- The Washington Times - Thursday, October 17, 2019

Democrats’ attempt to reinstate Obama-era global warming controls went down to defeat in the Senate Thursday, with a bipartisan majority rejecting them.

The failure clears the way for the Trump administration to do away with the Obama rules, known as the “Clean Power Plan,” which would have raised the price of greenhouse gas-heavy energy production such as coal.

Minority Leader Charles E. Schumer had forced the vote, calling it a key showdown on climate change.

“Time is running out for the United States to meet the existential threat posed by climate change,” the New York Democrat said.

But he couldn’t keep all his Democrats in line, much less win over Republicans, and saw his effort doomed on a 51-43 vote that saw several Democrats join the GOP in opposition.



Senate Majority Leader Mitch McConnell, Kentucky Republican, cheered the vote, saying it saved the country as many as 125,000 jobs, and prevented double-digit increases in energy costs.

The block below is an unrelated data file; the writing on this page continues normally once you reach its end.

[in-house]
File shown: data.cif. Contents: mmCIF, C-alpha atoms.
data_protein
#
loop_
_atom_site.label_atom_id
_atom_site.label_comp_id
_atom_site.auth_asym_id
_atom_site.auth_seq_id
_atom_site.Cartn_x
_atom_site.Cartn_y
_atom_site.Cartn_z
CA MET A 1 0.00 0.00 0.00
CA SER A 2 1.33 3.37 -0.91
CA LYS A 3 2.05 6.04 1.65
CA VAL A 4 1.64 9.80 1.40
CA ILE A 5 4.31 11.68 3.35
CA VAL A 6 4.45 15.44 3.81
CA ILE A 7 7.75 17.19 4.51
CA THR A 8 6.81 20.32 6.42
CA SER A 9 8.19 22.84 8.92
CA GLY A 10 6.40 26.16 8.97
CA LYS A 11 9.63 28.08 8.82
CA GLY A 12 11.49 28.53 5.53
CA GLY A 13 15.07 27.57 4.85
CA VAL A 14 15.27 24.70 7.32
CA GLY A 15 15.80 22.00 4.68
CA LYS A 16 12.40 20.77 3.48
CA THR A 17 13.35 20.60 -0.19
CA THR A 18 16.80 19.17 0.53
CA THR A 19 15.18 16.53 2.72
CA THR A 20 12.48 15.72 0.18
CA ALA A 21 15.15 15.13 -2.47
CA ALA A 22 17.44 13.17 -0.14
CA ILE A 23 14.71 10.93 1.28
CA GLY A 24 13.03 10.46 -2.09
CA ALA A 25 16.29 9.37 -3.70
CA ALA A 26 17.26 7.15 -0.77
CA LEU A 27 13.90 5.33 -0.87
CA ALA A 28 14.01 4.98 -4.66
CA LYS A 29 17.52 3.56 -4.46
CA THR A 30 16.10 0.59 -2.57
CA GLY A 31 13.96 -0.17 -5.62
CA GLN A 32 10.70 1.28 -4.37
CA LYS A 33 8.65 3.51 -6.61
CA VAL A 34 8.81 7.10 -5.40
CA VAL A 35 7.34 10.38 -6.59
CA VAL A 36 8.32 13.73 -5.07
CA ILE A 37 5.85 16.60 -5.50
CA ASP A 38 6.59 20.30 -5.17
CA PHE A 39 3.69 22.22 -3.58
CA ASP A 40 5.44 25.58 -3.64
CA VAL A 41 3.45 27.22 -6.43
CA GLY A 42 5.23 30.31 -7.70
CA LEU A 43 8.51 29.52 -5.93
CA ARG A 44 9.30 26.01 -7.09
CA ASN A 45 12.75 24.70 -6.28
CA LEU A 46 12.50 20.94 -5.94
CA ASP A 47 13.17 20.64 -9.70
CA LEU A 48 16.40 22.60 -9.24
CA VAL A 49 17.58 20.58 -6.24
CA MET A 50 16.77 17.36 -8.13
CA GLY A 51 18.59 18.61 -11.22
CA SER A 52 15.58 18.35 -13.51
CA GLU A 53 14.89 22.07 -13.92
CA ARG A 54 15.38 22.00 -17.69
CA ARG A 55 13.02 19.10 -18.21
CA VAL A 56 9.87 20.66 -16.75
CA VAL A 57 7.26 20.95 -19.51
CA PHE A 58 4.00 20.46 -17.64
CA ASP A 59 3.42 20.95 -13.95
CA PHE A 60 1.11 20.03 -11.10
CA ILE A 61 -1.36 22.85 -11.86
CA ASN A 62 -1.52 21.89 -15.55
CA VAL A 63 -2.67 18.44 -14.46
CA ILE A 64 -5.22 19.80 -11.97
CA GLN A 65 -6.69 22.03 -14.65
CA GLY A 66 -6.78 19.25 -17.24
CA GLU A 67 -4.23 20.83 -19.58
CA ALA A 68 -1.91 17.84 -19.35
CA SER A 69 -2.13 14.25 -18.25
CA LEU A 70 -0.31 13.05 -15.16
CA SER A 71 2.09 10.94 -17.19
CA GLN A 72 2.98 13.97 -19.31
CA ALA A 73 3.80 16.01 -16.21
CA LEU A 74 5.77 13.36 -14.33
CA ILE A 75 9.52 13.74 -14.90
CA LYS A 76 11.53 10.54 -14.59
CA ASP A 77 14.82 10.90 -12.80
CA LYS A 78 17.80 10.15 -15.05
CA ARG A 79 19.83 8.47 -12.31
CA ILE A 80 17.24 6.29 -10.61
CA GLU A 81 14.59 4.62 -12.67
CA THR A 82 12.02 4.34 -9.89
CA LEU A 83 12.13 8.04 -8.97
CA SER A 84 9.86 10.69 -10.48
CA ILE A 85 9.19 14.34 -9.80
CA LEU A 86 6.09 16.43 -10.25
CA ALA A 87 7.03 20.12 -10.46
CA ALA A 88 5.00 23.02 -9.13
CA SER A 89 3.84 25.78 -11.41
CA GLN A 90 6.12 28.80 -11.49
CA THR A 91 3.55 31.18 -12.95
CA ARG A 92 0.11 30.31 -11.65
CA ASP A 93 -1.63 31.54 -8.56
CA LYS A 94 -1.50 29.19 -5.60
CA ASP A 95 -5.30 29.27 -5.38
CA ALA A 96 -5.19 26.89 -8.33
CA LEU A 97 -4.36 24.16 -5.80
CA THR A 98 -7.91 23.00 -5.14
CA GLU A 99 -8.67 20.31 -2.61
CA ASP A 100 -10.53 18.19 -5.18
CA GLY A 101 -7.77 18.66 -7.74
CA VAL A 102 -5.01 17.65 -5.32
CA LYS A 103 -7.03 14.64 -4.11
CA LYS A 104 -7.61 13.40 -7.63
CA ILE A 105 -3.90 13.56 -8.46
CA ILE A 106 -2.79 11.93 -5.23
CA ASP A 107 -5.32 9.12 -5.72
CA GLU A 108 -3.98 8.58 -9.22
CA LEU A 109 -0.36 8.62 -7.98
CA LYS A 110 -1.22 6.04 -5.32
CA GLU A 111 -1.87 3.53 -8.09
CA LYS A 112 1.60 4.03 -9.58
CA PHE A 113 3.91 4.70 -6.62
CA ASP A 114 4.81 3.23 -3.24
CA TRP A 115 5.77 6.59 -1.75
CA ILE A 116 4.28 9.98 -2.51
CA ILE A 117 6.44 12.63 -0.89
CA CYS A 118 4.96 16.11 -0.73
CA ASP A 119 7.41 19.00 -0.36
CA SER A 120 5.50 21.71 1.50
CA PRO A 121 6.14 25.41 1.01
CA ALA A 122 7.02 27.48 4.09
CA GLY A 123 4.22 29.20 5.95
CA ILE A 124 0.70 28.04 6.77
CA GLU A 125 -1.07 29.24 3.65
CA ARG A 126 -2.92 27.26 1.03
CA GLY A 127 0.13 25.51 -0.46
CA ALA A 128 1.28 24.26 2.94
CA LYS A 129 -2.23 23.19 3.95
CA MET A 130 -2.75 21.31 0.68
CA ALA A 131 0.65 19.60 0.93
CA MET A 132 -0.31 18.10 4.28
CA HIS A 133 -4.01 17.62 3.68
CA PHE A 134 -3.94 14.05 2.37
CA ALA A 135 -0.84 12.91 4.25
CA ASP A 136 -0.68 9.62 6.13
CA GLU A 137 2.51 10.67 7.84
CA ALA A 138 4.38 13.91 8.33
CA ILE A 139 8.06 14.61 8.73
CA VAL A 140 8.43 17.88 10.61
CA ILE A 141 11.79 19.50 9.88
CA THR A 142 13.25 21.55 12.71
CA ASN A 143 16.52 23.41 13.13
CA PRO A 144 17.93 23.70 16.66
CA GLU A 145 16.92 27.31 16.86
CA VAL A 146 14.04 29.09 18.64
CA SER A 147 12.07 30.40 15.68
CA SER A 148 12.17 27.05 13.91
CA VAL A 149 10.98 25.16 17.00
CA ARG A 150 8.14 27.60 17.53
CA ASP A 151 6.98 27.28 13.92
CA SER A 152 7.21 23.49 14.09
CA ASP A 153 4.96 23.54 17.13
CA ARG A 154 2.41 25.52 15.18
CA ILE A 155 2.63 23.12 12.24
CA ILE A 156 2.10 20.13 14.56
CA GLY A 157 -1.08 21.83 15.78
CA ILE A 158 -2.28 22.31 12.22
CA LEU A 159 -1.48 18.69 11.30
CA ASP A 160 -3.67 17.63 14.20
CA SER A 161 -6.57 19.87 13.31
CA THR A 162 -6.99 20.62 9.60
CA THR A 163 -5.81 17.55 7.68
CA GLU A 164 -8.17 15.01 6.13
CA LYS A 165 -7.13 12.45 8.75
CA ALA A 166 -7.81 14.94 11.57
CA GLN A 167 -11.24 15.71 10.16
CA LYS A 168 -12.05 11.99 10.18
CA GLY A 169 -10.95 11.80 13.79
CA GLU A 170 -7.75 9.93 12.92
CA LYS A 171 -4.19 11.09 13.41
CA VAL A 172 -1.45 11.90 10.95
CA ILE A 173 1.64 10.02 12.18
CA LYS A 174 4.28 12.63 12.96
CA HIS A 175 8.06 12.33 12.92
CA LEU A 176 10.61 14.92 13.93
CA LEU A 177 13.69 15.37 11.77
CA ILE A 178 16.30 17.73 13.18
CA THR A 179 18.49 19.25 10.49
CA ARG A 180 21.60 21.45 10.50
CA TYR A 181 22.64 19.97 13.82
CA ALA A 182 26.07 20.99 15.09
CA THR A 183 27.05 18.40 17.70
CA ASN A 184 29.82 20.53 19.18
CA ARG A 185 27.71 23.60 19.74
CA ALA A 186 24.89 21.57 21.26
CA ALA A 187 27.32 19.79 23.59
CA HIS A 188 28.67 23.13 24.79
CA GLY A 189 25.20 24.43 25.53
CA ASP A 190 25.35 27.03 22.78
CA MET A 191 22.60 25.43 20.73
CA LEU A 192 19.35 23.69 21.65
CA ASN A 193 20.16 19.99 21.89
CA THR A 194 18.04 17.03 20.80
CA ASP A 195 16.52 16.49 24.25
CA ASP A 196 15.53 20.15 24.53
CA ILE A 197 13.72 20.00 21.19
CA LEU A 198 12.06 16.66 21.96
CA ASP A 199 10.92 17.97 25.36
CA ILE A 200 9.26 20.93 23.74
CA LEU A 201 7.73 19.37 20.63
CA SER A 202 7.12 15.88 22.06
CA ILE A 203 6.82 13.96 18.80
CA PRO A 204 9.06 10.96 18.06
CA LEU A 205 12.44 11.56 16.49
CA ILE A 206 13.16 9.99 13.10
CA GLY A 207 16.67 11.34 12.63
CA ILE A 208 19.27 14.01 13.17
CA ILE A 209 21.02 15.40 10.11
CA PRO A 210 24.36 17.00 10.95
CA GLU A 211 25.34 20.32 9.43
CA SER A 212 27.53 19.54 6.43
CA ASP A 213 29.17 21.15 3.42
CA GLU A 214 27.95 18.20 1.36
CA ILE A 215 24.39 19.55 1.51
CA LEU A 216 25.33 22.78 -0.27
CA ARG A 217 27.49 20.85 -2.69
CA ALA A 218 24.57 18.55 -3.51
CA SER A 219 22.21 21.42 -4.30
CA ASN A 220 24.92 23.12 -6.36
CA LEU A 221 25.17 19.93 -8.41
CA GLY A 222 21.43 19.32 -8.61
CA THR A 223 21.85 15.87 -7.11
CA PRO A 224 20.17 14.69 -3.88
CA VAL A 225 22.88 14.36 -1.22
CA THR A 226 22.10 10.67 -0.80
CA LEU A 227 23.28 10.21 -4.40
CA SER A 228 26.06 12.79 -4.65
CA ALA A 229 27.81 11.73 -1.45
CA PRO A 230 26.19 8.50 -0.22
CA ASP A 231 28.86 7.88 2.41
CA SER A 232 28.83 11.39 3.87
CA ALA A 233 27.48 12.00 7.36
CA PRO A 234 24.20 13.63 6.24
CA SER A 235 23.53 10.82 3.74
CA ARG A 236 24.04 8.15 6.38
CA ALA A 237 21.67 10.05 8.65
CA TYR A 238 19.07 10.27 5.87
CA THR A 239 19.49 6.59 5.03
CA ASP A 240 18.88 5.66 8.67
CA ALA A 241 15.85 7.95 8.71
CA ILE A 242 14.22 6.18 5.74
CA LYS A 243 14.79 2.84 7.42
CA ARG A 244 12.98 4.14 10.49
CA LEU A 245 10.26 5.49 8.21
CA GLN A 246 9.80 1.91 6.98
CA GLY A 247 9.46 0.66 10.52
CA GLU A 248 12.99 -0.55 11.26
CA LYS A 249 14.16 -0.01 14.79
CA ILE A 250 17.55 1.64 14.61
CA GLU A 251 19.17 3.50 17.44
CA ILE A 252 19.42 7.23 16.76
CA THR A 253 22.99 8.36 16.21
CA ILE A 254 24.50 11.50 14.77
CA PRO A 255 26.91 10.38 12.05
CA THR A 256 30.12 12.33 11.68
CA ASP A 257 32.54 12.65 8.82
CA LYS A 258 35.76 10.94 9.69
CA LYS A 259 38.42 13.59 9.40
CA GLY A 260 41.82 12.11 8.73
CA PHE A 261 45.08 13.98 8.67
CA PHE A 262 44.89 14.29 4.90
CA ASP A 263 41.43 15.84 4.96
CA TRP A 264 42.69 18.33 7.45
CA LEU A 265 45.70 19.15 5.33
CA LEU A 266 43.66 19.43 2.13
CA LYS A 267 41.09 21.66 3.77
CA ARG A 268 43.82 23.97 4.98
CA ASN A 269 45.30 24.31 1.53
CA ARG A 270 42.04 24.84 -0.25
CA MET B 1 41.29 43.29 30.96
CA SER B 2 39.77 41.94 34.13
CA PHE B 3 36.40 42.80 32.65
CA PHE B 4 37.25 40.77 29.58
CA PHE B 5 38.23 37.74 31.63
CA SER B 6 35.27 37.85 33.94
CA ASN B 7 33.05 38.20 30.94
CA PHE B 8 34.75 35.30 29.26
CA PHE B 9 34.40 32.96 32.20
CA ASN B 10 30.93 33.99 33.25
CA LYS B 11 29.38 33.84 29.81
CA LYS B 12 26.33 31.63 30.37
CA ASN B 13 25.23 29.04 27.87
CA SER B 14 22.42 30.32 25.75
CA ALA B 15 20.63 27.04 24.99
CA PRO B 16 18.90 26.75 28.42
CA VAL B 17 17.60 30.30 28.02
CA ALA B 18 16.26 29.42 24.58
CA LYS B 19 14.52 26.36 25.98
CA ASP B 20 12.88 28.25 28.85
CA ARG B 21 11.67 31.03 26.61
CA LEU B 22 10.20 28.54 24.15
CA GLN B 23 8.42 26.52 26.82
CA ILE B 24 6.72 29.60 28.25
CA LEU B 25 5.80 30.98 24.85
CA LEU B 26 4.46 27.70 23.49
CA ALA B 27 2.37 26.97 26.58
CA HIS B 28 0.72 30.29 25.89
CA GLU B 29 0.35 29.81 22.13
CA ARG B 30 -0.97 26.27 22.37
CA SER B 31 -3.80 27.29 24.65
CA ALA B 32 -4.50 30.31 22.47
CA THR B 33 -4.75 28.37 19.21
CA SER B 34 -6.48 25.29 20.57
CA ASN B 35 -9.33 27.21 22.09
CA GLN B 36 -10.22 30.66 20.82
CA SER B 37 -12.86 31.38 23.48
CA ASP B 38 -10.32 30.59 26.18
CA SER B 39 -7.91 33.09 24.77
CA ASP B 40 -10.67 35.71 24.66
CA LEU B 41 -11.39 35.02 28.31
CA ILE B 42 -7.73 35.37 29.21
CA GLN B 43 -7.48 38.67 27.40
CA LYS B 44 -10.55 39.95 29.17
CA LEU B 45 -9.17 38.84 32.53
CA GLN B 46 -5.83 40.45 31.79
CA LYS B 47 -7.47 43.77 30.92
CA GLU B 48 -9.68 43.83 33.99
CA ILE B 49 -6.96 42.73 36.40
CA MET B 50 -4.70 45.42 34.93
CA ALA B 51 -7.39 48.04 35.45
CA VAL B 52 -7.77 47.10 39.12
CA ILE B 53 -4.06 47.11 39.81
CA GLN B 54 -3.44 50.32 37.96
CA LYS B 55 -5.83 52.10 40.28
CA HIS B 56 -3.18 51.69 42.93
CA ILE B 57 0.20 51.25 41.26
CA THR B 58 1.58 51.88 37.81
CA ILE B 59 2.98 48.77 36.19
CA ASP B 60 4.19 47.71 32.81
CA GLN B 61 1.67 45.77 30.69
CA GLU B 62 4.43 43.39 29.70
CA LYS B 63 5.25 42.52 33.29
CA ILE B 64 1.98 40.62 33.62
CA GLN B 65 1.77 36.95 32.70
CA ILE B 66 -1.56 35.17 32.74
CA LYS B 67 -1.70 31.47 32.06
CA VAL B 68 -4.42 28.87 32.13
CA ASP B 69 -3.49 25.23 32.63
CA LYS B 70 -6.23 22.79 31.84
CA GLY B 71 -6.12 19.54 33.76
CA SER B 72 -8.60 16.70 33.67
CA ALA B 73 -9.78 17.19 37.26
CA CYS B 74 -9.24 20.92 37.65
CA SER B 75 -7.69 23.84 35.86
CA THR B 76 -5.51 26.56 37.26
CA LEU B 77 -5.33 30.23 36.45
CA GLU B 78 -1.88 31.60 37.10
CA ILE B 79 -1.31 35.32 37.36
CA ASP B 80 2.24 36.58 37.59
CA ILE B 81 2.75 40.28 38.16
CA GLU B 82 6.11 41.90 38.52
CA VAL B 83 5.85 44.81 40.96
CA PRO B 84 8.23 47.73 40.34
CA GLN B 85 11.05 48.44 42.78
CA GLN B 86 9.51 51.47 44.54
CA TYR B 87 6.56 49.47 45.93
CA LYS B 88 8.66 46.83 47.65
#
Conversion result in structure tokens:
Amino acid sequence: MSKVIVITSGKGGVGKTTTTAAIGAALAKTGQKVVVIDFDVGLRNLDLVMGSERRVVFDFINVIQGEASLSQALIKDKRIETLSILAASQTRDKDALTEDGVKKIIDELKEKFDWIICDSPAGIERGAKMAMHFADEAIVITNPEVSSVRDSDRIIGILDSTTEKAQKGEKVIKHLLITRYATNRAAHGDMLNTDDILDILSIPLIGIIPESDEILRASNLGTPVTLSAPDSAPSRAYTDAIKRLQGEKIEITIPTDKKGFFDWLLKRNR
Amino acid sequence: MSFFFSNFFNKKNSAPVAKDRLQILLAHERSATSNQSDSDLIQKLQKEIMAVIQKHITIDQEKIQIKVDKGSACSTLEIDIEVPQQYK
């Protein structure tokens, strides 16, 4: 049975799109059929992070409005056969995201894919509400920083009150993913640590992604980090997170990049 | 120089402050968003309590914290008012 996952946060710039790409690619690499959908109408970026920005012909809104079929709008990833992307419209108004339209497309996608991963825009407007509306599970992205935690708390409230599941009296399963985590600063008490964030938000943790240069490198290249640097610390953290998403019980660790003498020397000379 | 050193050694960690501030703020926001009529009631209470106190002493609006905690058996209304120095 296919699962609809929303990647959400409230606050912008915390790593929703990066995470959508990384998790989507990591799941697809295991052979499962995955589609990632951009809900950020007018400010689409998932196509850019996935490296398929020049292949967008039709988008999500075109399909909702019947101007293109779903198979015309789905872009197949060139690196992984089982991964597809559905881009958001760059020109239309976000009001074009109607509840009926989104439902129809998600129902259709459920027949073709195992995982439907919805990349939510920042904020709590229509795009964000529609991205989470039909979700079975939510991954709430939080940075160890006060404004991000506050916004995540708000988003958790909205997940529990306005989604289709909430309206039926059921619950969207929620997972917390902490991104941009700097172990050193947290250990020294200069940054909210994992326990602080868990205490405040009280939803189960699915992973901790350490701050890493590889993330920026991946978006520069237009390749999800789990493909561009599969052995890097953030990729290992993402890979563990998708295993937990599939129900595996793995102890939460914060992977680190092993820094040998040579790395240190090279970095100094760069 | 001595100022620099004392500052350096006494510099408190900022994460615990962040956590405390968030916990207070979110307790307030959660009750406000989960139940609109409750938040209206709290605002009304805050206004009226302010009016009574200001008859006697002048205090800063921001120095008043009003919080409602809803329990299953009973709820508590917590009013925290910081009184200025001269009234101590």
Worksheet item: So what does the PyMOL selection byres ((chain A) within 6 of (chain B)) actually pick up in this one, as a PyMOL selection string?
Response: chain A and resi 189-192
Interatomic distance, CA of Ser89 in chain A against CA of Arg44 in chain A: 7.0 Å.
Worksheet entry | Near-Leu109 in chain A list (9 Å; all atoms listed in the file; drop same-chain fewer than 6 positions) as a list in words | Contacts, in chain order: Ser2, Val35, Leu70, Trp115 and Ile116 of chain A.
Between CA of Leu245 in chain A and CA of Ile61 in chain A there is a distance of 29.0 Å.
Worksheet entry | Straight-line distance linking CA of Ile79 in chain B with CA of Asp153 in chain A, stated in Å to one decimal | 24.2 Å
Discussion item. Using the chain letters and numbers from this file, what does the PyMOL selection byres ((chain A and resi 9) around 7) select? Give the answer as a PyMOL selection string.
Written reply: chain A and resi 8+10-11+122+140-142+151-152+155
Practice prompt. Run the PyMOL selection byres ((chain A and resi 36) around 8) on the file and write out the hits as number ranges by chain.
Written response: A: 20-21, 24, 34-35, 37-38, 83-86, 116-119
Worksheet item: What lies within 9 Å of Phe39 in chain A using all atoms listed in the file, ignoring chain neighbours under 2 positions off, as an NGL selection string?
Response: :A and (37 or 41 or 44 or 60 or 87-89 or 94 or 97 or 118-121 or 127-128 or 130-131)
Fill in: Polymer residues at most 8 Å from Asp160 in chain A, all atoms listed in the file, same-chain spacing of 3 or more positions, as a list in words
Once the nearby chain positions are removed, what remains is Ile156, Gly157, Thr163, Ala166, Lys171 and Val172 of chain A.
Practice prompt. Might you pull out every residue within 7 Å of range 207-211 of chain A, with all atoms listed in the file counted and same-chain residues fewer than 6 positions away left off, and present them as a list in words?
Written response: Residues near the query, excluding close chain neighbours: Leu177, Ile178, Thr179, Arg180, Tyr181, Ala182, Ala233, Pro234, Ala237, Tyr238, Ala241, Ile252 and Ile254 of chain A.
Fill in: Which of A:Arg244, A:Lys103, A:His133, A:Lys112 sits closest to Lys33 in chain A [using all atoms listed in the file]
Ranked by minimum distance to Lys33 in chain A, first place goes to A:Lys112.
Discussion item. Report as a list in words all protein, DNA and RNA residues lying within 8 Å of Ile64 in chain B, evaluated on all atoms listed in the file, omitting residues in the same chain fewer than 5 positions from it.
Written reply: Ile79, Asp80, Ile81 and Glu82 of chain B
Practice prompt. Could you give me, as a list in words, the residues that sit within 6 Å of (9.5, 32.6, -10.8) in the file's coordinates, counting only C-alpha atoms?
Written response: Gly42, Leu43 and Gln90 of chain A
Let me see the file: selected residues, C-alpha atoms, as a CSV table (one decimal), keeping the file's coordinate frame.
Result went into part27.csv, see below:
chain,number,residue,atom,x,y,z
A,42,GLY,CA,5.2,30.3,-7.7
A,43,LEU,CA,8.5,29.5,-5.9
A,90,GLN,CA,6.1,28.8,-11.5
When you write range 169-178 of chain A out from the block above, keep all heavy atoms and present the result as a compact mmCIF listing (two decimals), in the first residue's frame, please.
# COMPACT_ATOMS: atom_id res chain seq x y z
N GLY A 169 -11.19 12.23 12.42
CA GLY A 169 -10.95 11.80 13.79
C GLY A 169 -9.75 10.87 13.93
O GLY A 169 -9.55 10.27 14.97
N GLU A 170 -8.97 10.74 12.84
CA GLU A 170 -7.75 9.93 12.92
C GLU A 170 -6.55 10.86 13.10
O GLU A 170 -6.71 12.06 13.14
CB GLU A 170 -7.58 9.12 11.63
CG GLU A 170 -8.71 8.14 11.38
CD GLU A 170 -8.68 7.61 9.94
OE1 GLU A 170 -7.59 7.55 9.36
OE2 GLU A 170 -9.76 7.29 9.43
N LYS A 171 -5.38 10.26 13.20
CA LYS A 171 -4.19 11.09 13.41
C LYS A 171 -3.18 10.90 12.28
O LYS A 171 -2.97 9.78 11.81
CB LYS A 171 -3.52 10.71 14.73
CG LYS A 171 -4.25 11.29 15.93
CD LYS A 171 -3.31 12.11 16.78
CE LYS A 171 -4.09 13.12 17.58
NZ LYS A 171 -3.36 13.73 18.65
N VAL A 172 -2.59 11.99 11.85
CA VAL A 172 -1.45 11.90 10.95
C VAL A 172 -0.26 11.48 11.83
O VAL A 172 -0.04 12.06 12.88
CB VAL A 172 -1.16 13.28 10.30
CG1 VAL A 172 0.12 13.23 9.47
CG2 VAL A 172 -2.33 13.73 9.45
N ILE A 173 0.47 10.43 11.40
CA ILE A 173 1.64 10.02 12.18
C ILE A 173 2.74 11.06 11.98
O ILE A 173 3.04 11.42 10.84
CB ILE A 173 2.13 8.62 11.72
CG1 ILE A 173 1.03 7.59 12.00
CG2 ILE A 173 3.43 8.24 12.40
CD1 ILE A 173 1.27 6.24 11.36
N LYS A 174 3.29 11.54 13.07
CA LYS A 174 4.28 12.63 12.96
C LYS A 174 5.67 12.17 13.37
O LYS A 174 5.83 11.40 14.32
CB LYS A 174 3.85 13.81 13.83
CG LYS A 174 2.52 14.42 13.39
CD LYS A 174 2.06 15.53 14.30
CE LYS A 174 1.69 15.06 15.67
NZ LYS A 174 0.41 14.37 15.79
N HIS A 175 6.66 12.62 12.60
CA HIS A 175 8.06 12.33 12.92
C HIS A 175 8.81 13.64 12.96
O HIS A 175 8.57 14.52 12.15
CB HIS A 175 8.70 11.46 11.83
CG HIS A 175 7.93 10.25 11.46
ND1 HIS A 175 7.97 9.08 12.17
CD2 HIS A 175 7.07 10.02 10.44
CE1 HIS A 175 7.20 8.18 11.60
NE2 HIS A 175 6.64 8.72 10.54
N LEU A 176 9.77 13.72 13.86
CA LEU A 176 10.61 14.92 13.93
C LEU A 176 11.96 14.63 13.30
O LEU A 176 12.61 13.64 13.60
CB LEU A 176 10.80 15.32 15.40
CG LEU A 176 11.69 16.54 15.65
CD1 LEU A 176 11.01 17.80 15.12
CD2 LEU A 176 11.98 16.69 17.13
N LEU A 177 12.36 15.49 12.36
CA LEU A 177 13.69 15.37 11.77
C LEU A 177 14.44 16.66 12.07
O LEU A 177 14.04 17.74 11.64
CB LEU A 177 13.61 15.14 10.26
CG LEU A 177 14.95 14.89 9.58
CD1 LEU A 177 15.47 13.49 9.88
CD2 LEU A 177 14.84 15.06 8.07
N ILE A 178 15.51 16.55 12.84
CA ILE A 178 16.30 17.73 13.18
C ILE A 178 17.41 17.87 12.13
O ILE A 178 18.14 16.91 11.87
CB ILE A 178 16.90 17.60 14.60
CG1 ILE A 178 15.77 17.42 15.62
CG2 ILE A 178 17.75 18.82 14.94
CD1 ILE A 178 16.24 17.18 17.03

“Low-income and minority populations would be hit hardest by the double-digit electricity bill increases in four of every five states,” he said.

Mr. McConnell said that was too much pain for the promised benefits — one-hundredth of a degree less warming by 2050.

Even if the resolution had passed, it was headed for a White House veto, and there was little chance of mustering the votes to override President Trump.

Mr. Schumer, though, has said he plans to force a series of votes on Trump administration rules in order to make senators take a stand on key issues, using the Congressional Review Act.

That law gives Congress the power to review, and try to overturn, new regulations issued by an administration. The law gives even the minority party in the Senate the power to force votes.

Mr. Schumer said last week that other upcoming votes will deal with health care and a Democratic attempt to roll back part of the GOP’s 2017 tax cut law. Curiously, in that case, it’s Democrats who are arguing for a tax cut to largely benefit wealthy homeowners in high-tax states.

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